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Radio Station Owner Says FCC’s AM Fees High When Compared to FM

Schober argues that AM broadcasters deserve more relief because of inherent disadvantages

Even though the FCC is proposing lower regulatory fees for U.S. radio broadcasters this year, the part owner of a Pennsylvania AM station is complaining that fees for the senior band are still too high.

Edward Schober is a longtime broadcast engineer and part of the ownership group that operates WKGE(AM) in Johnstown, Pa. In comments to the FCC, Schober says there is a “clear inequity in the proposed fees with respect to commercial radio stations.” In particular, he is irked by the fees AM stations pay compared to FM stations.

The FCC’s fee methodology for setting regulatory fees considers several factors, including the allocation of labor measured in FTEs or full-time employee positions. Schober says the FCC’s notice also mentions that additional characteristics of the facility and population are considered in determining the regulatory fees for AM and FM stations.

“I submit that the characteristics of AM stations, and particularly class D AM stations, are grossly misaligned with the amounts of fees allocated to the other classes of stations,” Schober told the FCC.

Schober argues FCC fees should relate to the “relative value and magnitude of the spectrum occupied by stations,” and goes on to make his case by highlighting reasons why AM deserves a bigger break than FM. “FM stations have a channel bandwidth of 100 kHz. AM stations have a channel bandwidth of 5 kHz, only 5% of the spectrum of an FM assignment,” he comments. 

Additionally, he notes AM stations are located in the Medium Wave and are subject to large amounts of electrical interference, and that Class B, C and D AM stations are subject to interference from other stations at night.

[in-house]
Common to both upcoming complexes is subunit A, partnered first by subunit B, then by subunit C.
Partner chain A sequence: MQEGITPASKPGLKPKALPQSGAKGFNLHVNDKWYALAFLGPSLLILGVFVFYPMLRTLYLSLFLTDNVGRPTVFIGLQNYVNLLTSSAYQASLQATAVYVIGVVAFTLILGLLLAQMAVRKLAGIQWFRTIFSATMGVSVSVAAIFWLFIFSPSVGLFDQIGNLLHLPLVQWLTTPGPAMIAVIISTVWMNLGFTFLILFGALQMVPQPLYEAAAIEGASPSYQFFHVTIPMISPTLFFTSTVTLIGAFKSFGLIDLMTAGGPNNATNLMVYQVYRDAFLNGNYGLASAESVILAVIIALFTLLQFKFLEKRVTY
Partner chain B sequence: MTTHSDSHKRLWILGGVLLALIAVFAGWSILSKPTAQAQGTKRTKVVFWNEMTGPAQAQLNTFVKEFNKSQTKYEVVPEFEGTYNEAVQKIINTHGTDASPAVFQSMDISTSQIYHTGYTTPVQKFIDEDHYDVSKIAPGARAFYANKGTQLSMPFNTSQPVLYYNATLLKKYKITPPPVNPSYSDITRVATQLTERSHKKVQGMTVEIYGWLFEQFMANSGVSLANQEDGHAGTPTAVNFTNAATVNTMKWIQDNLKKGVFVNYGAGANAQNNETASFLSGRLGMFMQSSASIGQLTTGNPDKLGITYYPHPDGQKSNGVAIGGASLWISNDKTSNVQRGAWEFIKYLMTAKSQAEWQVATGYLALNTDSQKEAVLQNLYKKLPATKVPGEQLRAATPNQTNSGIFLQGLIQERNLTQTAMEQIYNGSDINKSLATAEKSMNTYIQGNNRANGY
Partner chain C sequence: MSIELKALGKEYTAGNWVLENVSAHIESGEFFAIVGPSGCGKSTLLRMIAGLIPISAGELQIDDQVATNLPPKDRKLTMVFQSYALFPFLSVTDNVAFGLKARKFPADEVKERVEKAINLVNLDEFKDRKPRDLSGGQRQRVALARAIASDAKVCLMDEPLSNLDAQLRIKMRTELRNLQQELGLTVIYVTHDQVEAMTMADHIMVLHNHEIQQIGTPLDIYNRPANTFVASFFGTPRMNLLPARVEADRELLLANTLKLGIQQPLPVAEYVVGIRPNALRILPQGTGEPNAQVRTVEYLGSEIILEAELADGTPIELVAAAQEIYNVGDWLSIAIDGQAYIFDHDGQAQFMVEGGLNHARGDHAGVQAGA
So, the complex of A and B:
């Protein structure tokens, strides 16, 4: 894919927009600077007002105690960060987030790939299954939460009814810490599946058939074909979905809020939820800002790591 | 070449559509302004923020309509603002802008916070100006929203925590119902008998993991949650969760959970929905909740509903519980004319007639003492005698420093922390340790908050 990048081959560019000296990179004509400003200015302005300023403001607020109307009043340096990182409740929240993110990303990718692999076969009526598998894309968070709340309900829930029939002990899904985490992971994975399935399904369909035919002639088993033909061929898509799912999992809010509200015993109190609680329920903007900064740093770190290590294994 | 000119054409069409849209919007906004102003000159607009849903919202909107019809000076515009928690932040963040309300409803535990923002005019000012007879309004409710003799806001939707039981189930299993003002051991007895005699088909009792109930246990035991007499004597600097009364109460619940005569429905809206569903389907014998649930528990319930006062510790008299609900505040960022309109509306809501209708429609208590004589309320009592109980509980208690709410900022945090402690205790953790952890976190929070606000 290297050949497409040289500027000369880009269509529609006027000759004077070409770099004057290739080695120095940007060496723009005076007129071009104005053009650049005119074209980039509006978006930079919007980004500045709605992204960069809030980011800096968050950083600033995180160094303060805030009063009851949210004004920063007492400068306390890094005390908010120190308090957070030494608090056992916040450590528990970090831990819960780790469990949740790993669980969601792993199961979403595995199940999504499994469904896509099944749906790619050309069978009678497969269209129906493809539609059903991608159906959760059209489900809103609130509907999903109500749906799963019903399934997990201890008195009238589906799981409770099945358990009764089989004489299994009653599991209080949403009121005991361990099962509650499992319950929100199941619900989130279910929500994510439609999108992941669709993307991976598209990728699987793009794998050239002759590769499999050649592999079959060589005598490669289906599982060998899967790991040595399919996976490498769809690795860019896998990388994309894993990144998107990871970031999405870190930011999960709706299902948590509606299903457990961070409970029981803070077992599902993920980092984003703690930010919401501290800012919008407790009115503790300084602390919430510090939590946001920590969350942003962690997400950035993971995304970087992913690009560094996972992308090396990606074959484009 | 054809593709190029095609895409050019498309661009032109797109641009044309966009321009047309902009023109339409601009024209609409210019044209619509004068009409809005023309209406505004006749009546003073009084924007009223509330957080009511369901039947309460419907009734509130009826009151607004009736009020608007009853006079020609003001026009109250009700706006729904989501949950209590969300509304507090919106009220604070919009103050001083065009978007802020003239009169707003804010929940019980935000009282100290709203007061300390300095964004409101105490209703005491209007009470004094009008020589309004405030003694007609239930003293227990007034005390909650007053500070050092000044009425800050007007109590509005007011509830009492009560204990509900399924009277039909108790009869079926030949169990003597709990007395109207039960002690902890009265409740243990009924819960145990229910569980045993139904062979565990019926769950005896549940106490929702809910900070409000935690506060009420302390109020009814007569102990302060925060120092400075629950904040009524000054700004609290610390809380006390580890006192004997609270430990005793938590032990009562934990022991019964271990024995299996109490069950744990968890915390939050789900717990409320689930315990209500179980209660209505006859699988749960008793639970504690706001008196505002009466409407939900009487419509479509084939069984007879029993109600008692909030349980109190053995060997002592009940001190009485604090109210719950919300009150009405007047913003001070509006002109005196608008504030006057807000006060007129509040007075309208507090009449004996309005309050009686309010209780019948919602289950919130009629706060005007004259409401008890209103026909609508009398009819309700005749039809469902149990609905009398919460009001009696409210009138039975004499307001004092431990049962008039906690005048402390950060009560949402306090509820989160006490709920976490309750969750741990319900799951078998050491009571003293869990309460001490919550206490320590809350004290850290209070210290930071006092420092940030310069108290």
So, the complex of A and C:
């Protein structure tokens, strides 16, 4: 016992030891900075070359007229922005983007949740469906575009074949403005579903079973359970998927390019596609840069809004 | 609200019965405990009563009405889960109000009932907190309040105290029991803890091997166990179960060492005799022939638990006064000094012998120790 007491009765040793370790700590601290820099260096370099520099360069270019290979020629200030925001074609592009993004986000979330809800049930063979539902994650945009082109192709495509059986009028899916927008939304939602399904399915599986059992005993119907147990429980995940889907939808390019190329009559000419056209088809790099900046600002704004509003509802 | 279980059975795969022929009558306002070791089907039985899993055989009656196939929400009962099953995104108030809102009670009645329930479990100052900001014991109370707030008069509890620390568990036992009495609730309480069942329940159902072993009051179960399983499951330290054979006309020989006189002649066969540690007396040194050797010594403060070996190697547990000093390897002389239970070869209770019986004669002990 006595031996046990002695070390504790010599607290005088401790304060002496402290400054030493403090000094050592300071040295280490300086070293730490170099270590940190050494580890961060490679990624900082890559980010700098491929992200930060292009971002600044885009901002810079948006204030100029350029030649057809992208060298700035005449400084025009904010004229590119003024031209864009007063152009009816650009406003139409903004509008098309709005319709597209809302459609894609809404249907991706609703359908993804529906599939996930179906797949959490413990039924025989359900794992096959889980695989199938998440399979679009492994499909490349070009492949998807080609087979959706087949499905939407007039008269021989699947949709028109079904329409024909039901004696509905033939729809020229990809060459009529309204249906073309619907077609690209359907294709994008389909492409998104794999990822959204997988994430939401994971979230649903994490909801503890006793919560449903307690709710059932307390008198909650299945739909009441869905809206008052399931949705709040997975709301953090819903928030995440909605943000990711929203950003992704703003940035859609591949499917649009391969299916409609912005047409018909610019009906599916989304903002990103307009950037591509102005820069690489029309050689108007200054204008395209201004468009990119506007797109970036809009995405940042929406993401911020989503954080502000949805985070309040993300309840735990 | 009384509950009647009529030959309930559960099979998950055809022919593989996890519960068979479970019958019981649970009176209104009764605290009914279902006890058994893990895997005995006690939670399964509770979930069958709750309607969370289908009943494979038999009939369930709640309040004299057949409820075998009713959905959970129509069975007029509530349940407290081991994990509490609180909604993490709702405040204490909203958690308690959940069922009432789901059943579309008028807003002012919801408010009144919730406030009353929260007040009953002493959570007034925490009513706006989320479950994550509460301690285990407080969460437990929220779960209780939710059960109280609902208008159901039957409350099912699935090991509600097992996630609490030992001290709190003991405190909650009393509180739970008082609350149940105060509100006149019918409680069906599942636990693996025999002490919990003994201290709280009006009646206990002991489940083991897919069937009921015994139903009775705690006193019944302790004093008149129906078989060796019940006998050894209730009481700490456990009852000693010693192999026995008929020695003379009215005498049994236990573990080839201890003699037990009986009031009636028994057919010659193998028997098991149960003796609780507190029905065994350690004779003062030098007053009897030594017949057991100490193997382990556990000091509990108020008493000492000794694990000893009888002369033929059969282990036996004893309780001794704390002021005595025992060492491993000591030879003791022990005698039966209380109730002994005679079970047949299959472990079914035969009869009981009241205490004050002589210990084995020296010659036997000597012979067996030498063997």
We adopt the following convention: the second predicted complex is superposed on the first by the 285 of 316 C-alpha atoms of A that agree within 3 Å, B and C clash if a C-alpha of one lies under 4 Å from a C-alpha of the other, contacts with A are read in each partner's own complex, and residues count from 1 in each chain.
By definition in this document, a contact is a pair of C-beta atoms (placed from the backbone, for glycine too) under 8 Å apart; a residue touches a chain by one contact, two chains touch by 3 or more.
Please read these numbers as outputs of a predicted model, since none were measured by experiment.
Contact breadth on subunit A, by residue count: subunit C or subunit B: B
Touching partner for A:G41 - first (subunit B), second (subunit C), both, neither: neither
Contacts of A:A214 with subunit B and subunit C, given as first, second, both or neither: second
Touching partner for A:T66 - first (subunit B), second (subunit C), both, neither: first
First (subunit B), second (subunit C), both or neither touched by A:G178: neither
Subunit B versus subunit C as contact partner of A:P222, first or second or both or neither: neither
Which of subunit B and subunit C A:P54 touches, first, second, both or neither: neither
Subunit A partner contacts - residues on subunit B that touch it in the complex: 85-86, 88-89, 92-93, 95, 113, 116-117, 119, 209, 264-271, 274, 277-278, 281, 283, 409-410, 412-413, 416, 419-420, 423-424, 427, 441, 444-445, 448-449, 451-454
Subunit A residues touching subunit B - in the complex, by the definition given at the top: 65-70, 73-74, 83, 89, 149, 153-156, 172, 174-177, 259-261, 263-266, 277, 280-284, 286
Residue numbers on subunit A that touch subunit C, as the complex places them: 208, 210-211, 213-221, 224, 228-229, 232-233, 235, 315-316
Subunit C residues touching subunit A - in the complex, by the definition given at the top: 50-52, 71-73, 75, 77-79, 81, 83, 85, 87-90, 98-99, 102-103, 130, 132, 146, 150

Schober tells the FCC: “FM stations have uniform coverage 24 hours per day, while AM station coverage is much reduced at night (with the exception of class A stations). FM analog stations have a full time quality stereo signal over their entire service area.”

The broadcast engineer and station owner details further why AM radio broadcasters deserve a break on fees, including AM’s “monophonic, low quality signal” as an example. FM also has advantages when it comes to digital capabilities and the ability to transmit multiple channels and metadata, Schober says in his comments. “AM radio stations have no such benefit,” he says.

[Read more stories about the future of AM radio]

He continues: “When sold, AM radio stations without FM translators sell for less than half (in many cases less than a quarter) of the prices for FM stations with similar coverage in similar markets. When AM stations are paired with FM translators to be sold, their value is often based solely upon the coverage of the FM translator, and the coverage of the AM station is ignored. It should be noted that FM translators are subject to separate regulatory fees.”

By every measure, the potential earnings of an FM station in a given market are many times that of an equivalent AM station, he says.

Schober then compares regulatory fees among the AM classes, which he considers “incredibly flawed, with values seemingly pulled from a hat.” 

Specifically he points to the proposed fees for AM Class C and AM Class D stations. Class C stations have reduced coverage at night, but Class D stations typically operate in the daytime only. Yet, Schober points out that the FCC’s proposed fees have Class C stations paying $370 annually and Class D stations paying $410.   

“I hereby request that the FCC review its allocation of fees between AM and FM stations in light of these facts and revise the AM station fees other than class A, significantly downward,” he comments.

Schober proposes the following: “The fees of a full time AM Class B station should be between 35% and 50% of an FM station serving the same population. Class C and Class D stations should be assessed at 15% to 35% of Class B stations. AM Class A stations have the advantage of extremely large service areas free of domestic co-channel and first adjacent channel interference. One could argue that AM Class A stations should be assessed regulatory fees comparable to an FM station covering the same population.”

The FCC must collect around $390.2 million in regulatory fees this year. It proposes to collect about 32% from industries regulated by the Media bureau, which has oversight of broadcast radio and TV. Broadcasters would be responsible for about $55.7 million of that total. 

Comments in the proceedings MD Dockets 22-301 and 23-159 can be viewed online. Reply comments are due June 29.

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